Right now, with the CEOs of IBM and Acer forgoing their bonuses and Microsoft’s search for a head honcho only just concluding after dragging on for months, you might think that it is not the job of anyone’s dreams to get to the top of the corporate tree in the technology world.
Once in the big office, with your name on the door in gold lettering, all eyes are fixed on you, and as some of the incumbents in the hot seats in some of the leading technology companies can no doubt testify, the large salaries are well earnt wading through stress, analyst calls, dealing with the media, staff and the ever-expectant investors.
Looking at some of those currently steering their ships through choppy waters to safer seas you will see plenty of charismatic leaders taking different approaches to running their firms. Here are a few of the main runners and riders.
The vendor is a couple of years into a five-year turnaround plan spearheaded by its CEO Meg Whitman. It is her vision that dominates discussions at quarterly earnings calls and at investor meetings. So far there have been job cuts, difficulties over the fallout from the Autonomy purchase and a fair amount of cleaning up to do after the last CEO who, among other things thought it was a good idea to indicate the firm might exit the PC market.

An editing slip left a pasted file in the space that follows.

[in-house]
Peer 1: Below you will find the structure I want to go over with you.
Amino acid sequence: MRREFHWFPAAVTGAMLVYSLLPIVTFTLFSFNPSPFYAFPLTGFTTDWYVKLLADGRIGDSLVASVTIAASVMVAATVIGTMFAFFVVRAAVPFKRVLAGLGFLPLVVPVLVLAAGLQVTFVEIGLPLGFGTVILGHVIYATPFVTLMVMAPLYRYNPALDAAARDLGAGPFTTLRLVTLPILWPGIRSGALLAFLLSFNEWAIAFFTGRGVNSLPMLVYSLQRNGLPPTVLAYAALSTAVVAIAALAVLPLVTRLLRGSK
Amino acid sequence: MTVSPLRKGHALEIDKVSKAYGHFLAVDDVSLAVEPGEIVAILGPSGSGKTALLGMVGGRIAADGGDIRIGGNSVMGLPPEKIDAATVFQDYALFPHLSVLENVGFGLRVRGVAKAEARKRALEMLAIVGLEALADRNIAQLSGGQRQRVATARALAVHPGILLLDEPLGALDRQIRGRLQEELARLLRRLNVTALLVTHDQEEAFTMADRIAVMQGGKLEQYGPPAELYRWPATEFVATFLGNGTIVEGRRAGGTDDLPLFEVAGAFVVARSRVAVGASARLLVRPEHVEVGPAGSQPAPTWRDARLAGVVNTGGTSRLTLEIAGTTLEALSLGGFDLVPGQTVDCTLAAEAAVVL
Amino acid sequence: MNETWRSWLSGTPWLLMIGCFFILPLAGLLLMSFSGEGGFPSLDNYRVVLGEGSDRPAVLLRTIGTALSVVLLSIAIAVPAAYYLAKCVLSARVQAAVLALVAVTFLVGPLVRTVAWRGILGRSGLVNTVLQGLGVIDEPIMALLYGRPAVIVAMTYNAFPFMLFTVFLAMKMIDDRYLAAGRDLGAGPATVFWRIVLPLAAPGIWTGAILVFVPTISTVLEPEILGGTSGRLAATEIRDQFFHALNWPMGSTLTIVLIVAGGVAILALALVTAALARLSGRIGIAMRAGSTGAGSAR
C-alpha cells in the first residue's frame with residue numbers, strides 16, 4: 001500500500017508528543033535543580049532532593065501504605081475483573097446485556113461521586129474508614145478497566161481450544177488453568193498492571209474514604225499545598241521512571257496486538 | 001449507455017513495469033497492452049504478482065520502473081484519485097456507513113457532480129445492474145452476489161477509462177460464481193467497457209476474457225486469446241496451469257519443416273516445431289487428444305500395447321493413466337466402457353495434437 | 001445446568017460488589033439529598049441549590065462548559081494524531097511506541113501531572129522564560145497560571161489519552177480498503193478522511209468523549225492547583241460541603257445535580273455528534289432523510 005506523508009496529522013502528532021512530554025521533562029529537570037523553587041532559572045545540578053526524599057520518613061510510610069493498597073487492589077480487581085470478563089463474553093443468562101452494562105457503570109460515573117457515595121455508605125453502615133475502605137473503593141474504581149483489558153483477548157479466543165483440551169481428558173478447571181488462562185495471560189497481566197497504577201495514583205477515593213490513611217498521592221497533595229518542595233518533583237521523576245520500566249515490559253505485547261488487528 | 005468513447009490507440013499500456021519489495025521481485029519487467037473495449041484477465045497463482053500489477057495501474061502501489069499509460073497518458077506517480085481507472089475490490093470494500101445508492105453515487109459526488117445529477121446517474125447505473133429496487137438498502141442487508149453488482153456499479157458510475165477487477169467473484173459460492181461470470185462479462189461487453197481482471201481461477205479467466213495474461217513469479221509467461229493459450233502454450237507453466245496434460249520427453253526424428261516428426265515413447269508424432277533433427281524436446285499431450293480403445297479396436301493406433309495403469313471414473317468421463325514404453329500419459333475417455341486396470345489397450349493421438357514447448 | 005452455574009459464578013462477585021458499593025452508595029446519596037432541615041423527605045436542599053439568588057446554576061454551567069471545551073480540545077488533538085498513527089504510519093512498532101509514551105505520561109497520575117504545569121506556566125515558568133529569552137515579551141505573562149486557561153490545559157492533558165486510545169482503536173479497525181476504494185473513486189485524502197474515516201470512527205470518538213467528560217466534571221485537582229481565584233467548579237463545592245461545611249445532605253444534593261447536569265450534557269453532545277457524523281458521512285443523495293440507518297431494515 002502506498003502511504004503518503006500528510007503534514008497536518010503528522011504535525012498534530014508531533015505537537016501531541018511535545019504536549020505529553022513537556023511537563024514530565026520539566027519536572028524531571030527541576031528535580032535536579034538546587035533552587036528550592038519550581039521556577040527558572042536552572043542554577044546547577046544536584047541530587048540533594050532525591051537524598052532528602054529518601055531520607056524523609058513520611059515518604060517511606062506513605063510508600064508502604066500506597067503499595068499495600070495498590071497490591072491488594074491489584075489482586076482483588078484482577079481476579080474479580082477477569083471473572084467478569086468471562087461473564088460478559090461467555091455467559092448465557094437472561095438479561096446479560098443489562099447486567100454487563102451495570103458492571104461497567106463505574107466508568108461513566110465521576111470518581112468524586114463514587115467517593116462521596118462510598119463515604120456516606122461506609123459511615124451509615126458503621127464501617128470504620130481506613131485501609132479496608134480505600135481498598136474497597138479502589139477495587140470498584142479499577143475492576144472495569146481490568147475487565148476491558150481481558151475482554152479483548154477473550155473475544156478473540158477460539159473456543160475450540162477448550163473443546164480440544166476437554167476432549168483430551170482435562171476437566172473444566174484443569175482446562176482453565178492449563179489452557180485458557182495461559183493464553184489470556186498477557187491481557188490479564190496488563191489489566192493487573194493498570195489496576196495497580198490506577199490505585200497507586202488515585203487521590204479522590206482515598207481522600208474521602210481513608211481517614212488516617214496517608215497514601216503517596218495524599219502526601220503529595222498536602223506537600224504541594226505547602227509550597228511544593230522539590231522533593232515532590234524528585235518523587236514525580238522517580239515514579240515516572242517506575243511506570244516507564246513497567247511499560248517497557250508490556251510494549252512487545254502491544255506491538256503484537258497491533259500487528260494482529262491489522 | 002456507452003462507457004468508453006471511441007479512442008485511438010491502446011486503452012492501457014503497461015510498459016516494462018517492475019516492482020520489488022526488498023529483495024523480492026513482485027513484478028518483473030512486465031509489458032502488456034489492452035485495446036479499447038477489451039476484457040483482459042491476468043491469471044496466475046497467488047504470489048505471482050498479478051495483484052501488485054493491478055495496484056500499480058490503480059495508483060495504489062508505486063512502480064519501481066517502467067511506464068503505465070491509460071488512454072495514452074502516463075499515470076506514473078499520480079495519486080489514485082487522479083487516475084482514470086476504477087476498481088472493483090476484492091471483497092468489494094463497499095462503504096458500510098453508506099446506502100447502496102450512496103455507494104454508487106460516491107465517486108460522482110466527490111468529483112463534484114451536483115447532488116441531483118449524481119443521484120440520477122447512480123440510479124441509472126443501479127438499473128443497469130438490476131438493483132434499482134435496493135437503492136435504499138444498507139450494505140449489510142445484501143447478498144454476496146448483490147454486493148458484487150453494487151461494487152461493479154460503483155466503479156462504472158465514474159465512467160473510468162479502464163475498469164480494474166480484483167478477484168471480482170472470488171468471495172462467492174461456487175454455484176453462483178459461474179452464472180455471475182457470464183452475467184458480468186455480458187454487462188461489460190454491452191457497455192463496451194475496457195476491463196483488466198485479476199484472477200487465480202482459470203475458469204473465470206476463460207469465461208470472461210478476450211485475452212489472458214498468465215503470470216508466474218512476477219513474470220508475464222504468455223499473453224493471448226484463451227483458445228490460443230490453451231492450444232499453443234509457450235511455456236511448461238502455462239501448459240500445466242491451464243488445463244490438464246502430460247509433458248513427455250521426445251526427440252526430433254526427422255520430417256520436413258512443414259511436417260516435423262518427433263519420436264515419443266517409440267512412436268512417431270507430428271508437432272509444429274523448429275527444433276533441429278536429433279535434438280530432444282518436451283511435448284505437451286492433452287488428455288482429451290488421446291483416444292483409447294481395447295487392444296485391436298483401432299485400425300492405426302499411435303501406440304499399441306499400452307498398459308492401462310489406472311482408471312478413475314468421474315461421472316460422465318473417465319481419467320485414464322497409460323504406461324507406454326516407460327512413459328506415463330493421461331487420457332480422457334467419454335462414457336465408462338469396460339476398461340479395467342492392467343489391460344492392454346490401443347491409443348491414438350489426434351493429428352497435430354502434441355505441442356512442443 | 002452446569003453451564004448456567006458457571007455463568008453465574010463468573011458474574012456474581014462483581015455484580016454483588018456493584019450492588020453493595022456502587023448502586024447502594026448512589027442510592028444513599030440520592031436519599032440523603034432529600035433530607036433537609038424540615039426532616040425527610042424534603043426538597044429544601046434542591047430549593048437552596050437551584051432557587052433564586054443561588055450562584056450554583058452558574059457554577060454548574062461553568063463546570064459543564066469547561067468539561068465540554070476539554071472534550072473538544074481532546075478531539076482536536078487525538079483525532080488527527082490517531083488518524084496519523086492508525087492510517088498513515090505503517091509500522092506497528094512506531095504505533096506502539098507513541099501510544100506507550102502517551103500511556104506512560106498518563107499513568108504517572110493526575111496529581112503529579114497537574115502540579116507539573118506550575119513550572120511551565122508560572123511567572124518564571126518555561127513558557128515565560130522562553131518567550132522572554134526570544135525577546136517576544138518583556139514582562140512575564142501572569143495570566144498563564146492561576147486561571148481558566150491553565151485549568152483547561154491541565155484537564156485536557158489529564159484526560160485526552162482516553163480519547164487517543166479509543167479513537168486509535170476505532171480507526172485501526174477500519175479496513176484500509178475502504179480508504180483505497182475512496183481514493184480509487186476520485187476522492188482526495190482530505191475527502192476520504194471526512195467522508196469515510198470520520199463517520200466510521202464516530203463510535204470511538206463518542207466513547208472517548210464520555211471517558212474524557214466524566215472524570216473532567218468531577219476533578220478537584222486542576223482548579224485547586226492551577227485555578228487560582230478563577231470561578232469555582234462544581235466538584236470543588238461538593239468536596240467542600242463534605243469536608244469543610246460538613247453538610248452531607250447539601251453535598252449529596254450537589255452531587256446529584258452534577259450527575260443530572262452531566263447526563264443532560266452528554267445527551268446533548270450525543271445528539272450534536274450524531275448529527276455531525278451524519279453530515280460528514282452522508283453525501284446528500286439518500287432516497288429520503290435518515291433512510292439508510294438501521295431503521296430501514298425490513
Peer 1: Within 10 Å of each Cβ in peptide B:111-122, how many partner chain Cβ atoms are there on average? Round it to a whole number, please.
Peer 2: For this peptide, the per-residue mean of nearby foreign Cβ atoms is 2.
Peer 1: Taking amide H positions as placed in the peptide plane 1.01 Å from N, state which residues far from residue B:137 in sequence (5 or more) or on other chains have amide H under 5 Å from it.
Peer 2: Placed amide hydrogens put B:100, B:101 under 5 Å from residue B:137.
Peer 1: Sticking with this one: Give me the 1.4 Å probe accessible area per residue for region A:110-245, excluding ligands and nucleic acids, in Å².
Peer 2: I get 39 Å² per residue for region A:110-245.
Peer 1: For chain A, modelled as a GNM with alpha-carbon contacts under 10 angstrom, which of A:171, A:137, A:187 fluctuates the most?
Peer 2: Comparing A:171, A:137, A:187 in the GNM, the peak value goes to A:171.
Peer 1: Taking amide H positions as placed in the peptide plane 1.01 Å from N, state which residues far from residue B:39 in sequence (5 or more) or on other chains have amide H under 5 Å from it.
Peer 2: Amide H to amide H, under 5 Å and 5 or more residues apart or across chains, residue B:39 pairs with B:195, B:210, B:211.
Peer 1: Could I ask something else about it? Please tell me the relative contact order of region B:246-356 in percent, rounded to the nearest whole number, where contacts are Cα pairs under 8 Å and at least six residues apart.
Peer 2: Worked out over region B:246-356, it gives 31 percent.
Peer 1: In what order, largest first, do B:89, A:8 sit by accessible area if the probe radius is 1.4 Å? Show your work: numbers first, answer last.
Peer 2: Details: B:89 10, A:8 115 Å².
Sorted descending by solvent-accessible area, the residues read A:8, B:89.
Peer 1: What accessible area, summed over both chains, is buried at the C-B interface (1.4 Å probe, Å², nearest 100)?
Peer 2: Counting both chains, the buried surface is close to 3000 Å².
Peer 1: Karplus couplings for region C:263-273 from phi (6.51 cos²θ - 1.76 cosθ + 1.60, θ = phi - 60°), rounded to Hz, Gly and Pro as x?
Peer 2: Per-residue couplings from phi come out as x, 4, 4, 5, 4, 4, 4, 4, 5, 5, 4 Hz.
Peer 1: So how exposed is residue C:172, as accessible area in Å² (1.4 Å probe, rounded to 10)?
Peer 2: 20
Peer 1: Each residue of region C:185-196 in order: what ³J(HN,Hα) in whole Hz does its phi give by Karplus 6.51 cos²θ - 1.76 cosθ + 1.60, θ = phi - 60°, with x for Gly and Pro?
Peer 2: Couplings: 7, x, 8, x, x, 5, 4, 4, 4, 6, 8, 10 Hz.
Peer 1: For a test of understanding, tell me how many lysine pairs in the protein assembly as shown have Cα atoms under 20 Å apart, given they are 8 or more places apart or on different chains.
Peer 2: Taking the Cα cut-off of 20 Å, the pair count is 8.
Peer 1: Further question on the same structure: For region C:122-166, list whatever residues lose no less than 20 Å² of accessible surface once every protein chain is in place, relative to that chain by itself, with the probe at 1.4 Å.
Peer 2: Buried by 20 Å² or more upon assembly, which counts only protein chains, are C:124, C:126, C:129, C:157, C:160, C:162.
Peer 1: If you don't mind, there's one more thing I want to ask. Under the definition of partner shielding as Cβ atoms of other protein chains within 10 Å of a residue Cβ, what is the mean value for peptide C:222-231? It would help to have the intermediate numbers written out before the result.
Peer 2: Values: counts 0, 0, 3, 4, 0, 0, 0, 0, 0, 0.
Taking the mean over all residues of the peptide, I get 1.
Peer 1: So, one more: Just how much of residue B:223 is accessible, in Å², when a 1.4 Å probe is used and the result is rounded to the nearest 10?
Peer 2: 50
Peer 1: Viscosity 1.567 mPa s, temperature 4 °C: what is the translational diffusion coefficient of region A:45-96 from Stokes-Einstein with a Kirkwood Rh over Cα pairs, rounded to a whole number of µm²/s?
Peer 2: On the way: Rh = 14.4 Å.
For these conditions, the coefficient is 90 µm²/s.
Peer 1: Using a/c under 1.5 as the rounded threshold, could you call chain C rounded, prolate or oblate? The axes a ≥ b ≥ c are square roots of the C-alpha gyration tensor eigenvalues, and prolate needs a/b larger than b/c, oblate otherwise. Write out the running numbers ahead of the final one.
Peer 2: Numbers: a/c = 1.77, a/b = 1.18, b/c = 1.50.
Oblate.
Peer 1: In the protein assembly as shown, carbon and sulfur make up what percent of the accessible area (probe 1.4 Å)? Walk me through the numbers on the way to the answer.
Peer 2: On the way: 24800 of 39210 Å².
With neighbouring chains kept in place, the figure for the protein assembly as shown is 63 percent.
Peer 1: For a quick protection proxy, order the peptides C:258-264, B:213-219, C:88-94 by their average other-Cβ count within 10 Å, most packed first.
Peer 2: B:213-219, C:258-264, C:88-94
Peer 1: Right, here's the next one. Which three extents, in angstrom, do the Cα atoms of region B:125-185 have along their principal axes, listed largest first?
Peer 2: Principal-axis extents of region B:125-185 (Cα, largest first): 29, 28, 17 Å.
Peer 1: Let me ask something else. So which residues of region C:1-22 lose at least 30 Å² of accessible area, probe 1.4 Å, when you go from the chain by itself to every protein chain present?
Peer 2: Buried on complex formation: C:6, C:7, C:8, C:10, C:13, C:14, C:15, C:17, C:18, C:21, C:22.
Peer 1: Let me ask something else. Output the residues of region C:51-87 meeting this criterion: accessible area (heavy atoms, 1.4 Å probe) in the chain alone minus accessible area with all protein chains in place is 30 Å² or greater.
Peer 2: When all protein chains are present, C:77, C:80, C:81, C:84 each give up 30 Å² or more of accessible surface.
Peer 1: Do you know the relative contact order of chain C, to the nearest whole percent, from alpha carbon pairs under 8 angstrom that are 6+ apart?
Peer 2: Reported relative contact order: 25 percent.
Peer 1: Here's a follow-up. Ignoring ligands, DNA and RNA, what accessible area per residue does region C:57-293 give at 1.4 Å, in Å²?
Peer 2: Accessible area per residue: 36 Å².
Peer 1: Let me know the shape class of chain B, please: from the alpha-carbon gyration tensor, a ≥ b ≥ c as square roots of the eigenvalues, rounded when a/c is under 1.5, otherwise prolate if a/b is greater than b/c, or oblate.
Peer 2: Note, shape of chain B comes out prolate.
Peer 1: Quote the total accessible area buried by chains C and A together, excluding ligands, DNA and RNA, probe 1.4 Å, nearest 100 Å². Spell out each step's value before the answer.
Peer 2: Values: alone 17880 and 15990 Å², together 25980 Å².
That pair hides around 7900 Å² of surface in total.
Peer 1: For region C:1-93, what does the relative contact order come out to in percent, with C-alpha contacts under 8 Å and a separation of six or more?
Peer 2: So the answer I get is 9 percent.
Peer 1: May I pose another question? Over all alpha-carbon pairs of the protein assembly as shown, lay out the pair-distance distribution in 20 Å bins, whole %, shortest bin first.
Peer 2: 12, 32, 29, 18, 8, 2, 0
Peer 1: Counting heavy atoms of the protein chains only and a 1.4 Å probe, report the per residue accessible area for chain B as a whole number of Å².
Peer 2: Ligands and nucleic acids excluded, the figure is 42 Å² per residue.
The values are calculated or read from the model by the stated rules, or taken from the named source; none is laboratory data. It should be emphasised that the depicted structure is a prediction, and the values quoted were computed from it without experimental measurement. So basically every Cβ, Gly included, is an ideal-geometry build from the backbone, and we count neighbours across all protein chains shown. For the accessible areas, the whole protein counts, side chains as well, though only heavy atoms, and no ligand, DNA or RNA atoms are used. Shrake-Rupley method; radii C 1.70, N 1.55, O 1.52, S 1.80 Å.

But now, back in the tablet space and fresh from putting out a strong hardware roster to support
the launch of Windows 8, the firm appears to be heading in the right direction. Whitman herself
admits there is still more work to be done and the vendor needs to be made
simpler to work with and must ensure it doesn’t miss out on some of the major industry elements including the cloud.
But at least she is getting through without having to talk about giving up bonuses, unlike some of her rivals who are also finding life interesting as they move towards a world dominated by the cloud.
Market watchers reacted with excitement to rumours that Ford’s CEO Alan Mulally might take up the CEO position at Microsoft, following the exit of Steve Ballmer. The idea of someone outside the industry coming in seemed to be a positive, but the vendor opted to promote from within, choosing its cloud boss Satya Nadella.
The Microsoft search for a CEO has also given an insight into what makes a good candidate these days with the board giving a picture of just what it takes: Microsoft chairman Bill Gates said it is a complex role to fill, involving a complex business model and the ability to lead a highly technical organisation and work with top technical talent.
The firm noted it had only had two CEOs in 38 years and is “determined and confident that the company’s third CEO will lead Microsoft to renewed and continued success”.